What Are Biological Assets and How to Account for Them?

Companies require assets to generate revenues. These include resources owned or controlled by a company that results in inflows of economic benefits.

In accounting, these inflows may occur through the asset’s value or use. These resources are crucial in helping companies continue their operations.

The assets companies use may differ based on their needs and activities.

Some companies’ most prevalent types of assets include fixed assets, inventories, and cash. These assets help companies with short- and long-term needs.

On top of that, they appear on almost every company’s balance sheet. The accounting for the above types is also straightforward.

Each of these falls under a different accounting standard which dictates their accounting treatment.

On top of these, companies may also own or control other assets. For example, these may include intangible assets, such as software or patents.

Some companies may also operate biological assets that can help generate revenues. However, the accounting treatment of these assets differs from others due to a specific accounting standard.

Before understanding that, however, it is crucial to study biological assets.

What are Biological Assets?

Biological assets are resources that are living. Usually, these include plants and animals that companies own or control.

Like other resources, biological assets are crucial in generating revenues. In most cases, companies obtain products from these assets.

Then, they may process those products to make them available for sale in the market. Therefore, these assets are essentially the same as other resources.

Biological assets include sentient beings that companies use for their products. For example, companies may obtain dairy products through milk produced by cows and other animals.

In this case, those animals constitute biological assets. Some people may also consider employees to be a part of those assets. However, they do not meet the criteria for the biological asset classification.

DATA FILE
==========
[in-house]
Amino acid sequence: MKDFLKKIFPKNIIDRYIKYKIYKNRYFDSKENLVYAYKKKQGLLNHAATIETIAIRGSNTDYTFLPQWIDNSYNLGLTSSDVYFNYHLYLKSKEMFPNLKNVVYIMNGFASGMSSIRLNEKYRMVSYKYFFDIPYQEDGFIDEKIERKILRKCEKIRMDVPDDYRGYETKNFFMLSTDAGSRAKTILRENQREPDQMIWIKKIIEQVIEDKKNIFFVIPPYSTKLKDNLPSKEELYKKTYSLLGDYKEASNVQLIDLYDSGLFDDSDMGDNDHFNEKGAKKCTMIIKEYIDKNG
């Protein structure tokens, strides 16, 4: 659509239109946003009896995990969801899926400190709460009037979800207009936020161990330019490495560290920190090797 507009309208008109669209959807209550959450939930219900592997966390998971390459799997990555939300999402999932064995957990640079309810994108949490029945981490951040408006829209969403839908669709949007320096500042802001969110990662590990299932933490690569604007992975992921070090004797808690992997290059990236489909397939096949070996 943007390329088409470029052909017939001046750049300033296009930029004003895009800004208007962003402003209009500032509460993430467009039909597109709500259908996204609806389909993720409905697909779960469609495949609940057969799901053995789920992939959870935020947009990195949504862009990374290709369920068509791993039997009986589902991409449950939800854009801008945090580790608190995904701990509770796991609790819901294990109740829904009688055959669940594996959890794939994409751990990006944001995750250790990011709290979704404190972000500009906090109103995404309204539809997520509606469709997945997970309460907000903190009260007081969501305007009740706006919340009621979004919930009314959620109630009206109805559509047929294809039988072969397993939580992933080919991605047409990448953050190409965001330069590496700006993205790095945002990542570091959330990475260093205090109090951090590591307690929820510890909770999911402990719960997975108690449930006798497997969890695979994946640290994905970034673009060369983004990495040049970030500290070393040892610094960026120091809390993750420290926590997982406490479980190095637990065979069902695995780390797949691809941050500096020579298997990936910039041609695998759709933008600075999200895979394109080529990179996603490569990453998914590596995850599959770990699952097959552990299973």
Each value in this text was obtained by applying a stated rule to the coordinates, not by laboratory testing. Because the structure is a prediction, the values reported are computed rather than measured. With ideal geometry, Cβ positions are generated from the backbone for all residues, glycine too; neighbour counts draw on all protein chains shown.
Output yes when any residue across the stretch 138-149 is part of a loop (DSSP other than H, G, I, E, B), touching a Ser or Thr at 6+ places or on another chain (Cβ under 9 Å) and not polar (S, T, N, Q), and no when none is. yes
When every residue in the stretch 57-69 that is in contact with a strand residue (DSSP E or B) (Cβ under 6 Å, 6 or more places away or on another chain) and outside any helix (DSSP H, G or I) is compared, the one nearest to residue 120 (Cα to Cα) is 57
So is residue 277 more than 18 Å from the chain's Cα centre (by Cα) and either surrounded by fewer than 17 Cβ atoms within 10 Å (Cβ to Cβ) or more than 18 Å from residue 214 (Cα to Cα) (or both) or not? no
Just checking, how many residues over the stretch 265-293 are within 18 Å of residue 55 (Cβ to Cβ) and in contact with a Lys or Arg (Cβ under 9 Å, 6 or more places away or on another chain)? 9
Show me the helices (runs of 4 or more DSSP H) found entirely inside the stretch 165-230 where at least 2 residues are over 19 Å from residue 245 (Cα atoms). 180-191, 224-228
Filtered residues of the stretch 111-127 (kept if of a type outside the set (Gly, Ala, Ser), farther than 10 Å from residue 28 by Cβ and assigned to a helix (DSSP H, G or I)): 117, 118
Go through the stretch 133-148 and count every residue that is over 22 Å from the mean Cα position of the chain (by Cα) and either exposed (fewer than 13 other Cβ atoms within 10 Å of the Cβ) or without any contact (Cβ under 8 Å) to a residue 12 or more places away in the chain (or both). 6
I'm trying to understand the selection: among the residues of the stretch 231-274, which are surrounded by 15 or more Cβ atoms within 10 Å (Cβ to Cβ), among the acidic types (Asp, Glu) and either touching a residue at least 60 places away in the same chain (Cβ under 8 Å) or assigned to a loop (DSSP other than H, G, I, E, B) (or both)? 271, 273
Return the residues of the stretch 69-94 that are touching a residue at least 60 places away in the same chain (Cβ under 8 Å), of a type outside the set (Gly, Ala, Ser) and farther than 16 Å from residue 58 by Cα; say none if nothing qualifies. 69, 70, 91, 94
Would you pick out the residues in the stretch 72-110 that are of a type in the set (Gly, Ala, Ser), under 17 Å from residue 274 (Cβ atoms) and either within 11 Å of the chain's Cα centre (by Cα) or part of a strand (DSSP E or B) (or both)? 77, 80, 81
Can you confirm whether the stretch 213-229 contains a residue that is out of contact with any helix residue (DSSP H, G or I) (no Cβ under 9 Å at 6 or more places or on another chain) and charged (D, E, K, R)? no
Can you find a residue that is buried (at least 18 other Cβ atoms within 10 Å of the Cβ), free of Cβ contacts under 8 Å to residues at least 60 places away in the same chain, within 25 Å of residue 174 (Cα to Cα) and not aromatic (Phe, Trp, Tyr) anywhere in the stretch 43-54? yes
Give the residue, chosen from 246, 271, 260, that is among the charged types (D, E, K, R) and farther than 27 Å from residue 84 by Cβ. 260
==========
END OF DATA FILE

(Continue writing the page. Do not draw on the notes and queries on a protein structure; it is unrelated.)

For most companies, biological assets may not exist at all. Usually, these companies benefit from other resources, including property, plants, and equipment.

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However, some companies’ biological assets constitute a significant portion of overall resources. These companies rely on those assets to generate income and create revenue streams. Therefore, they must recognize them as similar to other fixed assets.

Biological assets are similar to other assets in several regards. For example, they help generate revenues or have value.

However, they can also be significantly different. For instance, these assets depreciate naturally and have a finite lifespan.

On top of that, these assets do not always produce guaranteed results. In that regard, biological assets are more unpredictable than other resources.

Overall, biological assets include living things that help generate revenues. For some companies, these assets are highly crucial in making profits. These assets are similar to other resources in various regards.

However, they also differ significantly. Sometimes, biological assets require higher maintenance expenses than other fixed assets. Nonetheless, they constitute resources that companies own or control.

What is the Accounting for Biological Assets?

The accounting for biological assets differs from other resources. Other resources have specific standards that dictate their accounting treatment.

For example, IAS 16 applies to all property, plants, and equipment, while IAS 2 is for inventories. Likewise, biological assets fall under the scope of IAS 41 Agriculture. Although the name may suggest it only relates to agricultural transactions, it covers biological assets.

IAS 41 defines biological assets as “a living plant or animal”. The accounting for biological asses differs from other assets due to the harvested product.

Usually, this product comes from the living plant or animal directly and falls under agricultural produce. IAS 41 defines agricultural produce as “the harvested product of the entity’s biological asset”.

Furthermore, IAS 41 elaborates on the definition of harvest. It defines the term as “the detachment of produce from a biological asset or the cessation of a biological asset’s life processes”.